The more a mobile device can do, the more useful it is. The vast, vast majority of computer accessories connect over USB, and adding one little USB port opens the door to start letting tablets take advantage of those untold mountains of hardware. Sure, there would still be driver issues to worry about, and then the need for developers to release apps that know how to use all this hardware, but I can’t understand why you wouldn’t at least want that option available. I can’t tell you how many times I wished I had a USB port on a tablet so I could hook up an external DVD drive.
What about space issues? USB, even full-sized, is already pretty darn small. There’s little issue with cramming a port into a tablet that’s still around 10 millimeters thick. If you’re concerned with sleekness and simplicity above all else, that’s fine, but anyone willing to compromise while balancing size and functionality is going to be hard-pressed to argue that a USB port is too thick to be worthwhile.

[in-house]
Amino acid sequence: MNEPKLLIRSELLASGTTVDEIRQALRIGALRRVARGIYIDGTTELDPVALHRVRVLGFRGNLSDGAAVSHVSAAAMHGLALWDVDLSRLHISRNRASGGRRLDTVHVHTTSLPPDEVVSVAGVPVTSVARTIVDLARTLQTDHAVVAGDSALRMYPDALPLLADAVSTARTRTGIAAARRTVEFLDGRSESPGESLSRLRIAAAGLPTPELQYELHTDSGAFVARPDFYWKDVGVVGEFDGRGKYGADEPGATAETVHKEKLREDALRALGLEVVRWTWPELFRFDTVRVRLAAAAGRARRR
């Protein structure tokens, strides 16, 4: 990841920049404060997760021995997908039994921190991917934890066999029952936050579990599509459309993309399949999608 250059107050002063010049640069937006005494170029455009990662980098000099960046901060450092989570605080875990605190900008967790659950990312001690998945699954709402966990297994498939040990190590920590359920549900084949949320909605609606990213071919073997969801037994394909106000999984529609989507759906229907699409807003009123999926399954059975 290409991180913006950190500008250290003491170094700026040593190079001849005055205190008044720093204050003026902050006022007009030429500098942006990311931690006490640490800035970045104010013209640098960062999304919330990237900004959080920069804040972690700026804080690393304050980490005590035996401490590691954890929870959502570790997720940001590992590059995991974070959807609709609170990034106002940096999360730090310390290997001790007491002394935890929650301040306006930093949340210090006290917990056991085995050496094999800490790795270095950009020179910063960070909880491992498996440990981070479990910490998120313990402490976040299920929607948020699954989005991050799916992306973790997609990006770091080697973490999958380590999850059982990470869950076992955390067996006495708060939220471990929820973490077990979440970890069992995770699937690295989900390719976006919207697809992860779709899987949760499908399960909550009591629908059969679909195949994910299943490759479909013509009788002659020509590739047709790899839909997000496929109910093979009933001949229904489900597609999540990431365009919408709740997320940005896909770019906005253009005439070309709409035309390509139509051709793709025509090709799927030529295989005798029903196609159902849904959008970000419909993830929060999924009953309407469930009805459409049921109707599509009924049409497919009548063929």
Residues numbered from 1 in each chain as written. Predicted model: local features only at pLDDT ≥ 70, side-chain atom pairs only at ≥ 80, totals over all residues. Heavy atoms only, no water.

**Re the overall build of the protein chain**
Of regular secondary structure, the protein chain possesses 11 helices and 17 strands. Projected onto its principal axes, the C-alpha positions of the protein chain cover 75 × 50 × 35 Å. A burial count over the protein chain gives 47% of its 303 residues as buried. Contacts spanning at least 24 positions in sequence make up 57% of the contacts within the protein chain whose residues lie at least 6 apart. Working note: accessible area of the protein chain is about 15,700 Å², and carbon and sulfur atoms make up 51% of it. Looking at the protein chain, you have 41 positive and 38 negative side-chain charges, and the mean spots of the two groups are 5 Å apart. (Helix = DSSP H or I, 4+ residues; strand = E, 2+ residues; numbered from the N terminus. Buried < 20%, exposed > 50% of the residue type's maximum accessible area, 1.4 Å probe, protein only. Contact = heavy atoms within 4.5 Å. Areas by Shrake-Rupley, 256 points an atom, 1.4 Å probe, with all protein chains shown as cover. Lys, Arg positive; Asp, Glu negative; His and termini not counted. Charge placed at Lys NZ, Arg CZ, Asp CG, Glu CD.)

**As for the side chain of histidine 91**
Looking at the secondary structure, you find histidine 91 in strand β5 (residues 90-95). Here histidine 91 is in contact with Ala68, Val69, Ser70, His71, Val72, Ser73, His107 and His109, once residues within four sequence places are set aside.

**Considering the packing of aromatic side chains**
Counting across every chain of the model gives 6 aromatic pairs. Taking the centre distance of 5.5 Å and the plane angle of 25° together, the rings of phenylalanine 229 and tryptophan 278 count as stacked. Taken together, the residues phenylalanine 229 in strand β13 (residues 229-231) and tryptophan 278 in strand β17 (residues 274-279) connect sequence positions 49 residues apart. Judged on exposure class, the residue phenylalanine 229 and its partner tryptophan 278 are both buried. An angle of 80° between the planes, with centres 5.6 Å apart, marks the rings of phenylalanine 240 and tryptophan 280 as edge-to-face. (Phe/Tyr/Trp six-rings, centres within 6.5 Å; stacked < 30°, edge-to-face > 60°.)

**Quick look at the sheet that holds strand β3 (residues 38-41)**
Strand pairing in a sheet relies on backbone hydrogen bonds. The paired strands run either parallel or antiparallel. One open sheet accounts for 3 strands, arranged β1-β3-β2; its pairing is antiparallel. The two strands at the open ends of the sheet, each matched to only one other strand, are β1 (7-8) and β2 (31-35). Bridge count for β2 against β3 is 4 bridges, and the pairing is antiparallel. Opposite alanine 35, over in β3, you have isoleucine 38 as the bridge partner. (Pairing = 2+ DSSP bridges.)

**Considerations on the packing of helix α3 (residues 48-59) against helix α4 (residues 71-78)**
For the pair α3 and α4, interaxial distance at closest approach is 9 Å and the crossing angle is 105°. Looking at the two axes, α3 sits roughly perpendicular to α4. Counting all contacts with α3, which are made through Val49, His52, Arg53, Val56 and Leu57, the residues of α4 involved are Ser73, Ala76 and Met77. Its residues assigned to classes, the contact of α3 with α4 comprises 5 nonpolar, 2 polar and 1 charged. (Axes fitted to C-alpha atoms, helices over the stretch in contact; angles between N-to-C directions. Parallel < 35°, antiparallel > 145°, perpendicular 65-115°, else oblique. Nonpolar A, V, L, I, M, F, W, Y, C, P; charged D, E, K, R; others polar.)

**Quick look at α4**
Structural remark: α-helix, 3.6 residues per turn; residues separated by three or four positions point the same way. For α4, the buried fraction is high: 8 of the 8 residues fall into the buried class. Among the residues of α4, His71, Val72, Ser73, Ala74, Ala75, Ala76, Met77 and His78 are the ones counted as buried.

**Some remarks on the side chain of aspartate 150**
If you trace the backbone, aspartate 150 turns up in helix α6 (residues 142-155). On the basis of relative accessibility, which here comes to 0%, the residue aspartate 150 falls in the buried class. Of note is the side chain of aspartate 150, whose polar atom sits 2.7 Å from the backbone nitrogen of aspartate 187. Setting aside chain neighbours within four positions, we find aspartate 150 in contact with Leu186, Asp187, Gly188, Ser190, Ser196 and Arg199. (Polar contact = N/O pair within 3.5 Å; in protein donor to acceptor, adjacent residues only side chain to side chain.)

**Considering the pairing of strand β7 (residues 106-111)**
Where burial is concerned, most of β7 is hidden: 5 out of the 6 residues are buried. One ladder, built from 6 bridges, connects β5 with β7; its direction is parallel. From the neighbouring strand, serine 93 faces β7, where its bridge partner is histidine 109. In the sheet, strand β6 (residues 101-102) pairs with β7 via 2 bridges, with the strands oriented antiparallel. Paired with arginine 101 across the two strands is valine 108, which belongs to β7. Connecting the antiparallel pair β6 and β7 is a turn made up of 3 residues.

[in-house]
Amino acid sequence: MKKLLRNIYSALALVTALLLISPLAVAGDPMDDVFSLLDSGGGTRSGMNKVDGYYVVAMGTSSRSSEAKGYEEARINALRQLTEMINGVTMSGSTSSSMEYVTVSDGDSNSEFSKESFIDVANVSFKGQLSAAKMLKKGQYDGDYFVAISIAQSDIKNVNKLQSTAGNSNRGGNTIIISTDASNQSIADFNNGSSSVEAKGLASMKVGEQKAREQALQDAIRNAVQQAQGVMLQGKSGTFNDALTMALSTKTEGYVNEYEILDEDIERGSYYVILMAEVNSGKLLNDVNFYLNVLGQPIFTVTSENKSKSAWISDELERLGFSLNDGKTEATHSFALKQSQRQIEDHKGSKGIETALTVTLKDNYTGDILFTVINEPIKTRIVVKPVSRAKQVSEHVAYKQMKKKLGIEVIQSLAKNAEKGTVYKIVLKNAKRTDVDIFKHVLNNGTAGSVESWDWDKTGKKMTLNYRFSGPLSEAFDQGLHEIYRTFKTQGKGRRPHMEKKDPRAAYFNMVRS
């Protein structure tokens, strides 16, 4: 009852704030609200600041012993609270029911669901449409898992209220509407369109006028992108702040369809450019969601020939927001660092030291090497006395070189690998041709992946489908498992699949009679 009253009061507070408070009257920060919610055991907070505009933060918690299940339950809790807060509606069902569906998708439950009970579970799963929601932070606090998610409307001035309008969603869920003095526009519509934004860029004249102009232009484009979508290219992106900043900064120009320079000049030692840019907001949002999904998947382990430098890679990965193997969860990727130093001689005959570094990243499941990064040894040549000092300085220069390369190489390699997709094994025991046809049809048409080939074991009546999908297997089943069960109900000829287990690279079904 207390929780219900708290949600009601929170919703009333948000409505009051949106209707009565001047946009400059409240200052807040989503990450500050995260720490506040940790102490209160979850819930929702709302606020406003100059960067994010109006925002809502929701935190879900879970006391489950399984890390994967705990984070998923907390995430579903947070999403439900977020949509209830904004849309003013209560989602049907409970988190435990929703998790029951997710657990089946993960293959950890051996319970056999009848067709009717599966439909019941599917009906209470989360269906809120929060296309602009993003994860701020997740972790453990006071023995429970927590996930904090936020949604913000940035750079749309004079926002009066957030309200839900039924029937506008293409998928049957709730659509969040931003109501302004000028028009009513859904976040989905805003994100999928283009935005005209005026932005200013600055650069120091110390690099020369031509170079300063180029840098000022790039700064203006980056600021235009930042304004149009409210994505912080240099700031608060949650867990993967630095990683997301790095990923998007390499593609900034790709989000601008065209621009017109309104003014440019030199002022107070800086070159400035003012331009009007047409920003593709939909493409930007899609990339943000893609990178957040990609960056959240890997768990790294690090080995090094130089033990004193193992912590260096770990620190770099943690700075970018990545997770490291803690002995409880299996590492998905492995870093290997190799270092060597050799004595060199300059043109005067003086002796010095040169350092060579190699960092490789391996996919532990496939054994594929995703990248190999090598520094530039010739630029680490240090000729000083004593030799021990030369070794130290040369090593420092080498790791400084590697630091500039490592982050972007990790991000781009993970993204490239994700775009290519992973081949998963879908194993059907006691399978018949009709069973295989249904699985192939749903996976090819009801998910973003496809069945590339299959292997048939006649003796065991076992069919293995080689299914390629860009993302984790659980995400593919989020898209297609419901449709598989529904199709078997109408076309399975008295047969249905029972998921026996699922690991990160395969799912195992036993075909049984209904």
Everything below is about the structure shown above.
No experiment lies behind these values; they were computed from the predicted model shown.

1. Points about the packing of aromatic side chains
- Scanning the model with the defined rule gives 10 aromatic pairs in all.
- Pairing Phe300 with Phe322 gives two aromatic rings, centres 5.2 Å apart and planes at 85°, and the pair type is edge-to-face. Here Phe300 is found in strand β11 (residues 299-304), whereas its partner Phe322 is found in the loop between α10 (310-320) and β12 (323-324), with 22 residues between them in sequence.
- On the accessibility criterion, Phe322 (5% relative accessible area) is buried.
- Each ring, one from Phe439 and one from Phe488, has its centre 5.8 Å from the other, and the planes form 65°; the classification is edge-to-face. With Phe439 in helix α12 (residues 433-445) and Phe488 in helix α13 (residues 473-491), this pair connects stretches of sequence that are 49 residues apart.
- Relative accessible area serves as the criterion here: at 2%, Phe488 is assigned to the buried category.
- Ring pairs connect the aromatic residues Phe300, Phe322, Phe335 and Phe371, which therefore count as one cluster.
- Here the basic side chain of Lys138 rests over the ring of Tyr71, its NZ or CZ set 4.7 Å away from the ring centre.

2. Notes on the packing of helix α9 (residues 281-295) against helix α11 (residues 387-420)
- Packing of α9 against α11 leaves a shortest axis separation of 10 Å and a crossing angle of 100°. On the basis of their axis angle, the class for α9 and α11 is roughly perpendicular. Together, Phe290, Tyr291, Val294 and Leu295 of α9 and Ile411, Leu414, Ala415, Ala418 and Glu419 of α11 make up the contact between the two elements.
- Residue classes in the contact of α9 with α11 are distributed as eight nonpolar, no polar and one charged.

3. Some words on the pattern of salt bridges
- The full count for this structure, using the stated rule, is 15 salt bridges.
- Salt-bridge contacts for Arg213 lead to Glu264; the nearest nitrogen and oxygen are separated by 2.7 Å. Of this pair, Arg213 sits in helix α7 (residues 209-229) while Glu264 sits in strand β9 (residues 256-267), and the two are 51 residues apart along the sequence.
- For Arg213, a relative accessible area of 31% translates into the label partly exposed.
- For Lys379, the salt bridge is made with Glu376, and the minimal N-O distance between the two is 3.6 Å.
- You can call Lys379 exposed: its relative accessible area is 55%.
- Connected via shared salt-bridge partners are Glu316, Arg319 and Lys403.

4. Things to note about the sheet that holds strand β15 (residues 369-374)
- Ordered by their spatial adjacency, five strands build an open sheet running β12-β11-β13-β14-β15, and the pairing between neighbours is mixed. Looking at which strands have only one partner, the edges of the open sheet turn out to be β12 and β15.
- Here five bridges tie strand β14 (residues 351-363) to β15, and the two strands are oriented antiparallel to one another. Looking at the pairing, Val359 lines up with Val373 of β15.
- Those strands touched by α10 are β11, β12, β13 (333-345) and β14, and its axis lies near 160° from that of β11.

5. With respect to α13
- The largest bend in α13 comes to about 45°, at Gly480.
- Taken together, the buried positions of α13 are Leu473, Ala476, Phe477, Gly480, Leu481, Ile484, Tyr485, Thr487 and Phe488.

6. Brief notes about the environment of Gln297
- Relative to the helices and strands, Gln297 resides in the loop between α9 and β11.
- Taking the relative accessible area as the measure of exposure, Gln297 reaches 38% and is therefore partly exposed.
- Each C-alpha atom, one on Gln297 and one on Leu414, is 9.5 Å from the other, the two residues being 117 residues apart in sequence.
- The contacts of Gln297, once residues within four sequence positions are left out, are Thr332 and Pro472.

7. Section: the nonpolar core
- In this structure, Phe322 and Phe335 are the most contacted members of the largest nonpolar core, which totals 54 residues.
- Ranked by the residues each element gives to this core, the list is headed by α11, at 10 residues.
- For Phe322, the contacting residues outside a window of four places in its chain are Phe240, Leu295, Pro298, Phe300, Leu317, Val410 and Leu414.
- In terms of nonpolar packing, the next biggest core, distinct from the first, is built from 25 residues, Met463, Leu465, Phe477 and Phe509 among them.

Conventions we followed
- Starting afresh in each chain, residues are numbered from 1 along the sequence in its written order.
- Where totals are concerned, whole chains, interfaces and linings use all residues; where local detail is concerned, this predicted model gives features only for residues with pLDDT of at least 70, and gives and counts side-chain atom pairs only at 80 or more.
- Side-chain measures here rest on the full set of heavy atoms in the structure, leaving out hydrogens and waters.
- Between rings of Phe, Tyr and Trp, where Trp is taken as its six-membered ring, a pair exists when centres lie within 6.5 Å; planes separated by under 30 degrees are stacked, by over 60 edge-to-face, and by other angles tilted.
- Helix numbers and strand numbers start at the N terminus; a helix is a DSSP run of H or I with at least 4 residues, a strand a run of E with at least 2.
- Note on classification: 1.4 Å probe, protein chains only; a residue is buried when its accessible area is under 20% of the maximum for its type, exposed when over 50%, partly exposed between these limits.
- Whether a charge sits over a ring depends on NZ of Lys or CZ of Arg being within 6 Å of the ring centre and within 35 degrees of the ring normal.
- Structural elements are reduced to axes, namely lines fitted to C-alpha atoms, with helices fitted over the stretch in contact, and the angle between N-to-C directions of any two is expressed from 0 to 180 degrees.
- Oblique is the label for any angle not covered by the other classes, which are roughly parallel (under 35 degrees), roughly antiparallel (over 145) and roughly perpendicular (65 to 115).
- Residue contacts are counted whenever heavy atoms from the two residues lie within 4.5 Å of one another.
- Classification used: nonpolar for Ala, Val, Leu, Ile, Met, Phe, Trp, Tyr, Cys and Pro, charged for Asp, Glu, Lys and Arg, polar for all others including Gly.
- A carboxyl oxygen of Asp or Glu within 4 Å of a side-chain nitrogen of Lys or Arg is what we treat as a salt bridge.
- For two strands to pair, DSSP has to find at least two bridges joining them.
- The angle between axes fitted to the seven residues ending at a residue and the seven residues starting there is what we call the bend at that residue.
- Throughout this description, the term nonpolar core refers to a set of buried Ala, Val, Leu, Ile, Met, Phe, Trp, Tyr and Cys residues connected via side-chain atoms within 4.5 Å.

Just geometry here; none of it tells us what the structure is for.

The Bottom Line
As you can see, our opinions are pretty mixed. Some of us think USB on tablets is an absolutely wrong-minded idea, some think that micro USB in host mode is a good enough compromise, and some of us are proponents of full-sized USB ports.
Ultimately, this may come down to consumer demand. If users get used to USB on their Surface tablets, they might start asking why iOS and Android don’t have more of it. If they fail to embrace and take full advantage of the ports, USB might prove itself to be a non-issue.
Where do you stand? Maybe you’ve got some strong opinions like us, or maybe you really couldn’t care about USB at all. Either way, let us know in the comments.